Being poor means making hard choices, such as whether to work more or to eat less. Neither alternative is terribly palatable, but it requires more than a bit of hubris to suggest that middle-class American and European demonstrators can choose more wisely than the African and Asian families who have to live with the consequences.
He also cites studies suggesting that parents do truly care about their children and want them to have enough to eat, and he points out that child labor drops dramatically as families exit abject poverty.

I'm not sure if my drive-by synopsis did Landsburg's point justice, but it's well argued in the book.

Saturday, April 10, 2010

Mobile Reading Format Makes Novels Less Daunting

A Guardian reader recently wrote a letter to the paper to describe how reading an e-book on his iPhone is much easier than reading a printed book.
So why I had found it easier to read from my iPhone? First, an ordinary page of text is split into about four pages. The spacing seems generous and because of this I don't get lost on the page. Second, the handset's brightness makes it easier to take in words. "Many dyslexics have problems with 'crowding', where they're distracted by the words surrounding the word they're trying to read," says John Stein, Professor of Neuroscience at Oxford University and chair of the Dyslexia Research Trust. "When reading text on a small phone, you're reducing the crowding effect."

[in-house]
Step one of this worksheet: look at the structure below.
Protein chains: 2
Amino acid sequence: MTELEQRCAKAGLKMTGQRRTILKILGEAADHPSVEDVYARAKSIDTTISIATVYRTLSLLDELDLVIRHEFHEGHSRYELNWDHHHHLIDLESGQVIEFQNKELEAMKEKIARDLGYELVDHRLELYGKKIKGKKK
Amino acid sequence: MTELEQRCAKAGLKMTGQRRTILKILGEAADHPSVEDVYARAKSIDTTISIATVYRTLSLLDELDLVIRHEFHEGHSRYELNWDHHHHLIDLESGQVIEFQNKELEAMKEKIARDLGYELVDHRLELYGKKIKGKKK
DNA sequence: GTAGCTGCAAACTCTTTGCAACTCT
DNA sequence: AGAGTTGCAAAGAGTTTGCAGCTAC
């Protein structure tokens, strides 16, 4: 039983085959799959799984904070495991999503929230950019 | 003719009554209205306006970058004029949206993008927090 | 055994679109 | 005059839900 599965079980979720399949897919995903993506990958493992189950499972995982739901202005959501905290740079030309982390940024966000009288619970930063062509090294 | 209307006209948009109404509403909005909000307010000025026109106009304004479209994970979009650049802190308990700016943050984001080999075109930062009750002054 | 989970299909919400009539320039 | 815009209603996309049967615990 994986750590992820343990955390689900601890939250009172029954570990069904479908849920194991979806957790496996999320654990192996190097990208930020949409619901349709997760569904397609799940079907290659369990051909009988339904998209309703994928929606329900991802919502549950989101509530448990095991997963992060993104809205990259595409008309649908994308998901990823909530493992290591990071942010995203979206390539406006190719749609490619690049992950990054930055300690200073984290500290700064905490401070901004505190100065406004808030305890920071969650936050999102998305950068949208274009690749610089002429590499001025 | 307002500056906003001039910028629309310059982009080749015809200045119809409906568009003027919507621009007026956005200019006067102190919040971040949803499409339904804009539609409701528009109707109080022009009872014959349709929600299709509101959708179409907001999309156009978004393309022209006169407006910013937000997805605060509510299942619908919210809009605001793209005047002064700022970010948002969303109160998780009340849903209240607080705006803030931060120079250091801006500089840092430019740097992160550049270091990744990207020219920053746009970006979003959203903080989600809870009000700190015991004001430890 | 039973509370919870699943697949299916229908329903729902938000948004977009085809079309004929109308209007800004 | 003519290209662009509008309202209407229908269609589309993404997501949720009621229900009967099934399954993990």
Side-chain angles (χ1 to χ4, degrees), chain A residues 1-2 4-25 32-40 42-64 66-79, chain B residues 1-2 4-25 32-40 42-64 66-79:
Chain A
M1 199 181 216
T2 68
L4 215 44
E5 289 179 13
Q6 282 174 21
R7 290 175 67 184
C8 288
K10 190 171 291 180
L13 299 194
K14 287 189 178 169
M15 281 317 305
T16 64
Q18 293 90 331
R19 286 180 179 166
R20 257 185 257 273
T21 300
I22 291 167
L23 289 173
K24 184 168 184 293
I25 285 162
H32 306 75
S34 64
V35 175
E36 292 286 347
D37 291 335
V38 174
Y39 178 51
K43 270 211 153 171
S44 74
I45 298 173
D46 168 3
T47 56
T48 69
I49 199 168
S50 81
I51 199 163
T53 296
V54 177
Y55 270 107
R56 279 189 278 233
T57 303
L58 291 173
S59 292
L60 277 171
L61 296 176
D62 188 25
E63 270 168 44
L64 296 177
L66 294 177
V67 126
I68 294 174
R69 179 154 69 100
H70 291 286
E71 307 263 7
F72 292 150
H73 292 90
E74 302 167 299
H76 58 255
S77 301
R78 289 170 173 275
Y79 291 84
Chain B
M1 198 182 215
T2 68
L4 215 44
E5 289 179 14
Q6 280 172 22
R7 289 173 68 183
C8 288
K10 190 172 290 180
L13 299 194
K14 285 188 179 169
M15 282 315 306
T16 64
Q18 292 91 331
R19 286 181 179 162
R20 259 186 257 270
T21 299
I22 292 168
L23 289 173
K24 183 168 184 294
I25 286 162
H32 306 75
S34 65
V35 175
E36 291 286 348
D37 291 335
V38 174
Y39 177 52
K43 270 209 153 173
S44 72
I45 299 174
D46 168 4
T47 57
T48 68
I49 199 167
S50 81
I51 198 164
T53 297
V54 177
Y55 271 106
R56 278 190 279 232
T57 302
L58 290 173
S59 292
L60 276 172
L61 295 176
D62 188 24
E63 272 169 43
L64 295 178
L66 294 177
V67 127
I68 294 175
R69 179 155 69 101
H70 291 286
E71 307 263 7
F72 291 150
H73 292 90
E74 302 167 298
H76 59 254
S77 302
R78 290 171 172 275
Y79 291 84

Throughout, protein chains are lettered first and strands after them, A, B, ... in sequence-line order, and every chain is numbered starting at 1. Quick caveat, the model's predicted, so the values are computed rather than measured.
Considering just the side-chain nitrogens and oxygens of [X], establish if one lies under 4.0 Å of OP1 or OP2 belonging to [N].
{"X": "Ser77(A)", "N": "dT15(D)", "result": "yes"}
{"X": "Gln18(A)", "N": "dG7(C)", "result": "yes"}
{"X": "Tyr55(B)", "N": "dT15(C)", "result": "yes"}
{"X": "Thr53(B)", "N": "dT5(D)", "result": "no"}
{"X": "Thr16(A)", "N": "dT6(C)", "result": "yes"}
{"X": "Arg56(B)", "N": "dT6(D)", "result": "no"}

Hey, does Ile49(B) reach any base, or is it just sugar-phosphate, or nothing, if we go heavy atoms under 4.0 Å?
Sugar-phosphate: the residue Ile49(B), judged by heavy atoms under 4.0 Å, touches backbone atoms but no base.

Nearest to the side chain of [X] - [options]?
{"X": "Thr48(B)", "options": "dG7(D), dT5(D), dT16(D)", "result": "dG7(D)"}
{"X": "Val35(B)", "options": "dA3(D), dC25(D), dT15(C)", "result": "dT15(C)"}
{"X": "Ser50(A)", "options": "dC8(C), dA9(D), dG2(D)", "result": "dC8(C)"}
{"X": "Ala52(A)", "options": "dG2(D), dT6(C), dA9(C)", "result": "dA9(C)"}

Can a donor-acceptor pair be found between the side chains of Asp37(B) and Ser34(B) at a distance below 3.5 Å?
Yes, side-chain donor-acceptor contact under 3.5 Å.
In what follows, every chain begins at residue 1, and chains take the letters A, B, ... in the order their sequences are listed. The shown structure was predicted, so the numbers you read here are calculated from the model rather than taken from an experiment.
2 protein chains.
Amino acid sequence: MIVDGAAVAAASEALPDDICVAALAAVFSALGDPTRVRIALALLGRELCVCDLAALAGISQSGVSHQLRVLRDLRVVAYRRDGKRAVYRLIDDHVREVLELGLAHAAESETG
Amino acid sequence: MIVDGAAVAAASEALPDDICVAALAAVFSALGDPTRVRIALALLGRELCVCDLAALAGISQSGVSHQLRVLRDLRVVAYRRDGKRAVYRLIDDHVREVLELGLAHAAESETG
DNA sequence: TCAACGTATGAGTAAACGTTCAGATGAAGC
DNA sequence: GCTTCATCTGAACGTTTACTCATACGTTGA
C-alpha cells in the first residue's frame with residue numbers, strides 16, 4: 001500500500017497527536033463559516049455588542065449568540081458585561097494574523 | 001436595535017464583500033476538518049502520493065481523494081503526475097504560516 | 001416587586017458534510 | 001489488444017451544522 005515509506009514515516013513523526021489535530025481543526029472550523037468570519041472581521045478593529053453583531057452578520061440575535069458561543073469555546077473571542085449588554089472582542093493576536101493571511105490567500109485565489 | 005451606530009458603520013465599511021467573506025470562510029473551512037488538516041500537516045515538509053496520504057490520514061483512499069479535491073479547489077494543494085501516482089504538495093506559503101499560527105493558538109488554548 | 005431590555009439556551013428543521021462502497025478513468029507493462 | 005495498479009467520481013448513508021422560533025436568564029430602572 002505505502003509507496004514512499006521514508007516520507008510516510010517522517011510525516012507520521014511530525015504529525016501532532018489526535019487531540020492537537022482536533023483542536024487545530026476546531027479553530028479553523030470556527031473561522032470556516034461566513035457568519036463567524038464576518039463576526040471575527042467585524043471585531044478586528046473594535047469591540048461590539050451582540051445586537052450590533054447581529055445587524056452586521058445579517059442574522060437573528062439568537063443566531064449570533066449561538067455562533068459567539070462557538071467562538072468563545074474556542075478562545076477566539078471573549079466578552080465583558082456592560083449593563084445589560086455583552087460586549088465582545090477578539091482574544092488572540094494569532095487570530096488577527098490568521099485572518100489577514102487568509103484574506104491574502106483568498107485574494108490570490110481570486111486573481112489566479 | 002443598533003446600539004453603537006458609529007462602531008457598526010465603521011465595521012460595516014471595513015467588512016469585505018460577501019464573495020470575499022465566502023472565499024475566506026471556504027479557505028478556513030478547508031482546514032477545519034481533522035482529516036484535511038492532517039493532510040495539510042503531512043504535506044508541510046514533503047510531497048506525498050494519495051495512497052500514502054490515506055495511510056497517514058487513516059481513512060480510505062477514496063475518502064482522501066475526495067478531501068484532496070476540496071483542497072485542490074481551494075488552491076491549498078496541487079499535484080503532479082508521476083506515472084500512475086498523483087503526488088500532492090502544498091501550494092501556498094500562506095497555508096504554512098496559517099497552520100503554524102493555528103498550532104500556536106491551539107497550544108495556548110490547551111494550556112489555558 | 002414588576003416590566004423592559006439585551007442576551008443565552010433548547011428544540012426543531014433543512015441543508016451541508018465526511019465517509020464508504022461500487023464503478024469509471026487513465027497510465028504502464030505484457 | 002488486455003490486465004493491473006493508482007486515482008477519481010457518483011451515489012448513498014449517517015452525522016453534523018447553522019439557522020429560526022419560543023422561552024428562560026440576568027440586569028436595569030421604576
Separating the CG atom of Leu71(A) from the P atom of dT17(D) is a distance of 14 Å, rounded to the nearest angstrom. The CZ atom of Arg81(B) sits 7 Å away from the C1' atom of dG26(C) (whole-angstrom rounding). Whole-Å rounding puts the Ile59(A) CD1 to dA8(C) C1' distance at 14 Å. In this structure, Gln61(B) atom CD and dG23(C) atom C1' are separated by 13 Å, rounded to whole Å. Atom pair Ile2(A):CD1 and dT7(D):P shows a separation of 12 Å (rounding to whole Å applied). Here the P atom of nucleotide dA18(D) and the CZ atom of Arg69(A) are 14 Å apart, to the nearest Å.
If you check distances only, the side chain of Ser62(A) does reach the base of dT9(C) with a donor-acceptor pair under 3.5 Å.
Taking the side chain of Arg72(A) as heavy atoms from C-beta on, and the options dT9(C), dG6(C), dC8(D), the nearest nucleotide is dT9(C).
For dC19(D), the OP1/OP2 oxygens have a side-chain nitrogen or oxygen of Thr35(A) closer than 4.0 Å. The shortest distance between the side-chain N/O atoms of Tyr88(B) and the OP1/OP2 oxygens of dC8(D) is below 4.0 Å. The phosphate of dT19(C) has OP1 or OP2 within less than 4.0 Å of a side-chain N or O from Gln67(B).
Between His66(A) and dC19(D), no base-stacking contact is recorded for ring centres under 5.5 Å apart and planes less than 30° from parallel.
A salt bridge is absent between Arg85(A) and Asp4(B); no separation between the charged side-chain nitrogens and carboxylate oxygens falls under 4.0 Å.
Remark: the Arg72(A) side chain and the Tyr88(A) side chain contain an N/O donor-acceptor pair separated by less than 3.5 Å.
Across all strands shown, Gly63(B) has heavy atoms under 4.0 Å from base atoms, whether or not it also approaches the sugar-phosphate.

I have felt exactly the same way (perhaps I'm a bit dyslexic myself but never realized it). Additionally, I can make the words as large or as small as I want, and I can bust out a few screens between Metro stops without losing my spot.

In the world of printed books, bigger fonts equals more pages, which increases printing costs and makes the book more cumbersome to hold, carry, and fit onto a bookshelf. So the trend was to use the smallest font possible that could still be legible to most people, while jamming the pages full of text.

No such printing cost restraints exist for the delivery of an e-book, so I suspect readers will start to prefer larger fonts. Of course, frequently flipping through screens can be annoying too, but e-bookers are now free to optimize the experience however they see fit.

Friday, April 9, 2010

NYT Reports Most-Looked-Up Words

The Nieman Journalism Lab is circulating a memo from the New York Times that provides a list of the words that its readers are most frequently looking up. Of the 50 words on the list, I recognize only about half.

Although the deputy news editor somewhat addresses this point, using difficult words for the sake of using difficult words should be generally avoided, especially in newspaper copy. Of course, this writerly disease stretches into all disciplines where writing to impress is the main goal, even at the sacrifice of clarity.